When OnePlus reveiled the OnePlus 5, there was a lot of hype surrounding this smartphone as another top-spec flagship killer at an undercut price. As much as the OnePlus 5 delivered this verdict upon first impressions, the price was a little higher than the OnePlus 3T and the battery had slightly reduced to the 3T too. Therefore, it was a case of ‘this is a great phone, but it could have been that bit better’.
Put this aside, first impressions are notoriously prejudice. For this reason, to get a sense of what the OnePlus 5 is like, here is a review of the smartphone after using it for a solid week.
The first thing that jumped out about the phone is the design. It is ergonomic unlike the 3T with rounded corners and light in the hand for such a big smartphone. I chose to pay for the OnePlus official case to put on it, which can only be described as ‘Apple-ess’ in the quaility of the material, with micro-fibre lining on the inside of the case and a soft rubbery feel on the outside.
Talking of Apple, there was a lot of similarities to the back of the phone’s design to the Apple iPhone 7 Plus. Nobody can deny that they look very similar. However, what I found most apparent with the OnePlus 5 is that it is pretty much an iPhone 7 Plus in a lot of ways, but Android. That is the best way to describe the phone in one sentence.
It is like having an Android iPhone 7 Plus
I haven’t had one moment of lag and it has just been so easy to use: intuitive at times. For example, the gestures which allows you to open apps up without waking the phone really make apps much easier to reach quickly, such as Android Pay when out and about.
If you do not use the gestures, then the fingerprint sensor is one of, if not the, fastest sensor on the market period. It is lightning quick. It is almost so quick it is enough of a reason to buy the phone just for the speed of it. The same can be said for the lightning fast charging using dash charge.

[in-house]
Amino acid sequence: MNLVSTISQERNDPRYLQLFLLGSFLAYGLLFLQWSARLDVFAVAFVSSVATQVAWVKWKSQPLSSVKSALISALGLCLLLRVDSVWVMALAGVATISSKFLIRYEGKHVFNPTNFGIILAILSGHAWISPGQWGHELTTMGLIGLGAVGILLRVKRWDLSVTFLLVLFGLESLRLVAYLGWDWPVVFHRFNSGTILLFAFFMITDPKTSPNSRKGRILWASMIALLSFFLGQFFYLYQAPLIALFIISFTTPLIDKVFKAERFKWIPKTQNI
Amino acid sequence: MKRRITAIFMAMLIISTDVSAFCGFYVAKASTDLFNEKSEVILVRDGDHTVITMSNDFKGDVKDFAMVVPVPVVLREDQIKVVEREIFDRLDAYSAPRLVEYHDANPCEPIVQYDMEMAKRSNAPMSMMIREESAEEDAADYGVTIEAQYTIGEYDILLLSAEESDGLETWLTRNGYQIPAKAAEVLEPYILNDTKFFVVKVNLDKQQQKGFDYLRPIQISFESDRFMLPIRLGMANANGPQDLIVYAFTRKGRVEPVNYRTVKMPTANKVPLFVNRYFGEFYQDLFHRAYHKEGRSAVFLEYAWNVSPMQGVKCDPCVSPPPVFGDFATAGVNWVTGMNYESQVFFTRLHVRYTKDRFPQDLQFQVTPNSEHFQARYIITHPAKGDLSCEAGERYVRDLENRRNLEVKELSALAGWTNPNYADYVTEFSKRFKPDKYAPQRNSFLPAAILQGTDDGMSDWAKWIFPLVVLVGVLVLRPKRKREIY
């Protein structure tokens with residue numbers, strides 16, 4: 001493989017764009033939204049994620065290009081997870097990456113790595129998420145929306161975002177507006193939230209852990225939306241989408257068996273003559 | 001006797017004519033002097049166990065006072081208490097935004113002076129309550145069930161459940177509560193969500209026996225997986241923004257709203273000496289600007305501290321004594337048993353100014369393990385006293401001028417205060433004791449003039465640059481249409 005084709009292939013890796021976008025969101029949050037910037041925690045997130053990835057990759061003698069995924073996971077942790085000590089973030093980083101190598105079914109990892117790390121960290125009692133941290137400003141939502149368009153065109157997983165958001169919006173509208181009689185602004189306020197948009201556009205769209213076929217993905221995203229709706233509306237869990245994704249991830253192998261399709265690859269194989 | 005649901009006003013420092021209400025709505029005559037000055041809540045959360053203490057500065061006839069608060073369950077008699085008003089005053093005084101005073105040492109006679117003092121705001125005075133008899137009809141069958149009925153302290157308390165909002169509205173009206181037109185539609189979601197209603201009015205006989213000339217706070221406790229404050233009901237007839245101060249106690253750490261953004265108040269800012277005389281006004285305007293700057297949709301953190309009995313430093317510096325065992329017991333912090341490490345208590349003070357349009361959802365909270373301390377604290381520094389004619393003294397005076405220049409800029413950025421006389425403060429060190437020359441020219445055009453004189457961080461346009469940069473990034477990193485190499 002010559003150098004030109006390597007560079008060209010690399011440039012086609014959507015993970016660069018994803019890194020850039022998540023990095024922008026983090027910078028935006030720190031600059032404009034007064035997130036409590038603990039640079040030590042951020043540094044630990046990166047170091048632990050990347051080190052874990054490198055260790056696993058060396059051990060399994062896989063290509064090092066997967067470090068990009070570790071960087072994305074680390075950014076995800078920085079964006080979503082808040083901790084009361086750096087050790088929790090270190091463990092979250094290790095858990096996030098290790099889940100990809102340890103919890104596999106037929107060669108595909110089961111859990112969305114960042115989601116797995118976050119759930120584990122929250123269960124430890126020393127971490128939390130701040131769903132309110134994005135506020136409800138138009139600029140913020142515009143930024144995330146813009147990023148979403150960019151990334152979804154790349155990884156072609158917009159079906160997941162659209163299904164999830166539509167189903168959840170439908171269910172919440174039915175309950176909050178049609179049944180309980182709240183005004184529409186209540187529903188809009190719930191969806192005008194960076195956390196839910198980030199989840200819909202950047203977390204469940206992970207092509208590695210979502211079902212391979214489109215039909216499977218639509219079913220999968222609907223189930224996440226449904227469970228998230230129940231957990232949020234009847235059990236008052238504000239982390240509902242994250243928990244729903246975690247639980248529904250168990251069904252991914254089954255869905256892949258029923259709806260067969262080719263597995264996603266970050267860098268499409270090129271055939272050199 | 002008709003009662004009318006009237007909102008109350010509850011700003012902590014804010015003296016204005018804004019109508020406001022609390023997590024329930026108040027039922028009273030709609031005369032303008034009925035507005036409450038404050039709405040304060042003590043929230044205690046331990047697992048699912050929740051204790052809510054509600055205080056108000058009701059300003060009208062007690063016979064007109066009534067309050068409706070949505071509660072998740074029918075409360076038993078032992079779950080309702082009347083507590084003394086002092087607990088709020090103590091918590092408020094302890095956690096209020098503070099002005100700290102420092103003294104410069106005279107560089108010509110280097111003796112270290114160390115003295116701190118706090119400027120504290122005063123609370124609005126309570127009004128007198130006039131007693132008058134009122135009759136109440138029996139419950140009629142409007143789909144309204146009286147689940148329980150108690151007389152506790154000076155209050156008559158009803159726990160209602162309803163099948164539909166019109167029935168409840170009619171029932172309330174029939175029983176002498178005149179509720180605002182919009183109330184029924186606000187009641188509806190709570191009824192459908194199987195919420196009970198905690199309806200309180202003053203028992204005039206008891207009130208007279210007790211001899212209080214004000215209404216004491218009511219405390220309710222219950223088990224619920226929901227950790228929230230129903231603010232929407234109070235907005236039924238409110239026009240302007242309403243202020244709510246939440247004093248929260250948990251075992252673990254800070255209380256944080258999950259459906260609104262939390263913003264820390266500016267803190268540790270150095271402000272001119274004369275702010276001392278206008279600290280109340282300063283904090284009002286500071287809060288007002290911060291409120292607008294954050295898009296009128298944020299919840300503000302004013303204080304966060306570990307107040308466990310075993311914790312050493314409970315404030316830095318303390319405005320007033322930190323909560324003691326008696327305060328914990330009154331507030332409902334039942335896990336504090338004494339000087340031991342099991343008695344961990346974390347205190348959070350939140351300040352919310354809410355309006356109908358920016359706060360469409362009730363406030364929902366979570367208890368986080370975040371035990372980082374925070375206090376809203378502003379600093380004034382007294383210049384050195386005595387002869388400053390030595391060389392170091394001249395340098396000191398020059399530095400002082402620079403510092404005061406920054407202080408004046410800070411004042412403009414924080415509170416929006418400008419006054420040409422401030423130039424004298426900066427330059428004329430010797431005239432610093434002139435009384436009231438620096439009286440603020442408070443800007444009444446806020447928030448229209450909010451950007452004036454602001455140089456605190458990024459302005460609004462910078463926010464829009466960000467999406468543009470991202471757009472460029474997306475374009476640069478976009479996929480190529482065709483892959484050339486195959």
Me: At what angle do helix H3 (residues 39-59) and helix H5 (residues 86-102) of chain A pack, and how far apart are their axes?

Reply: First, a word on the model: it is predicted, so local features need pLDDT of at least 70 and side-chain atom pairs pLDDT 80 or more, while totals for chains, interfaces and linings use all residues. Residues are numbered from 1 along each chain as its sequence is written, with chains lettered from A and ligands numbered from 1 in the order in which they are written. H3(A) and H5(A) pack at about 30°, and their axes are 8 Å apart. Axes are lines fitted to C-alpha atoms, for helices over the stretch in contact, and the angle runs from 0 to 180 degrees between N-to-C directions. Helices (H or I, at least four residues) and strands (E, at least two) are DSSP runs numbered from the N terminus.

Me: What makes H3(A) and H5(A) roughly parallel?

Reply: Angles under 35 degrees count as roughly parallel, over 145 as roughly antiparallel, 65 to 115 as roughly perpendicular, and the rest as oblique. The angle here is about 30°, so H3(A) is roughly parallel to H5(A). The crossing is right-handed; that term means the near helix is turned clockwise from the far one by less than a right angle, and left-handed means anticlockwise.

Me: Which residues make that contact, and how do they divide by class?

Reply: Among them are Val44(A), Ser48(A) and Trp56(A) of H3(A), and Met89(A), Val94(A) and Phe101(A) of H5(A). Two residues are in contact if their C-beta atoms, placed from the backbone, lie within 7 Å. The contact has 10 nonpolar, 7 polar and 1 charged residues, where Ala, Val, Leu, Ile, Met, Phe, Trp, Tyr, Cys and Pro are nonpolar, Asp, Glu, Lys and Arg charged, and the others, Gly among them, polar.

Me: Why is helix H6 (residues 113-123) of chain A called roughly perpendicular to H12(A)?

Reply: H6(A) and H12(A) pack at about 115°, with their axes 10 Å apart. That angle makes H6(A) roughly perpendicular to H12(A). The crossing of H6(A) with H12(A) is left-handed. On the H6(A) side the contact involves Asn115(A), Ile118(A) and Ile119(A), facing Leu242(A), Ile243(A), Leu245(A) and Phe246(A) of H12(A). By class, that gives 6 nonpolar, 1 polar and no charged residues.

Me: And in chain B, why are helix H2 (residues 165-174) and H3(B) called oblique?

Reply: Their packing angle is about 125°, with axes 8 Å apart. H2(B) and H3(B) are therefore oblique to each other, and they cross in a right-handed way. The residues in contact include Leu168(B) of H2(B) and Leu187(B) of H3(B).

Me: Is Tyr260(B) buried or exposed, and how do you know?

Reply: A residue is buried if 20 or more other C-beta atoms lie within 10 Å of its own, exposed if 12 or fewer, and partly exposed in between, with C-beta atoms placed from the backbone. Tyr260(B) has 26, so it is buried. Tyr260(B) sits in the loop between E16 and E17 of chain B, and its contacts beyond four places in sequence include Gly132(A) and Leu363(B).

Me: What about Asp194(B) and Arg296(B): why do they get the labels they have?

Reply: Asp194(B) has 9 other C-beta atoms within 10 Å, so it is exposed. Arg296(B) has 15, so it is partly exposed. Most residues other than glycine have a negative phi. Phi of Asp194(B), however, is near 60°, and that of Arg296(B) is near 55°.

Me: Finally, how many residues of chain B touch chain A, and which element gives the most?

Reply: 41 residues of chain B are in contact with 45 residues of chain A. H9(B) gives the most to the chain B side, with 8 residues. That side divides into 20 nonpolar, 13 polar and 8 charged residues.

The cameras on the back of smartphone are also very good. However, when compared to flagships from Apple, Samsung and Google, they are a little behind. The portait mode which blurrs out the background is very good. However, shutter speed decreases and you cannot set portrait as the default mode to take pictures. Therefore, although good, I do think most will stick to using the normal camera setting.
Moving onto the battery, being 100mAh smaller than the 3T, OnePlus claim that the battery life is, in fact, better than the 3T, for which I can agree to. If I charge the phone at 9am to 100% in the morning, I would be at around 30% by the night and that is with heavy heavy use – not bad at all.
Overall, this is a smartphone that is worth investing in. Too easy is it for people to buy cheap phones hoping they will last. The problem is that cheap phones never really last long. I bought this phone to last me at least two years, for which I think it will do easily…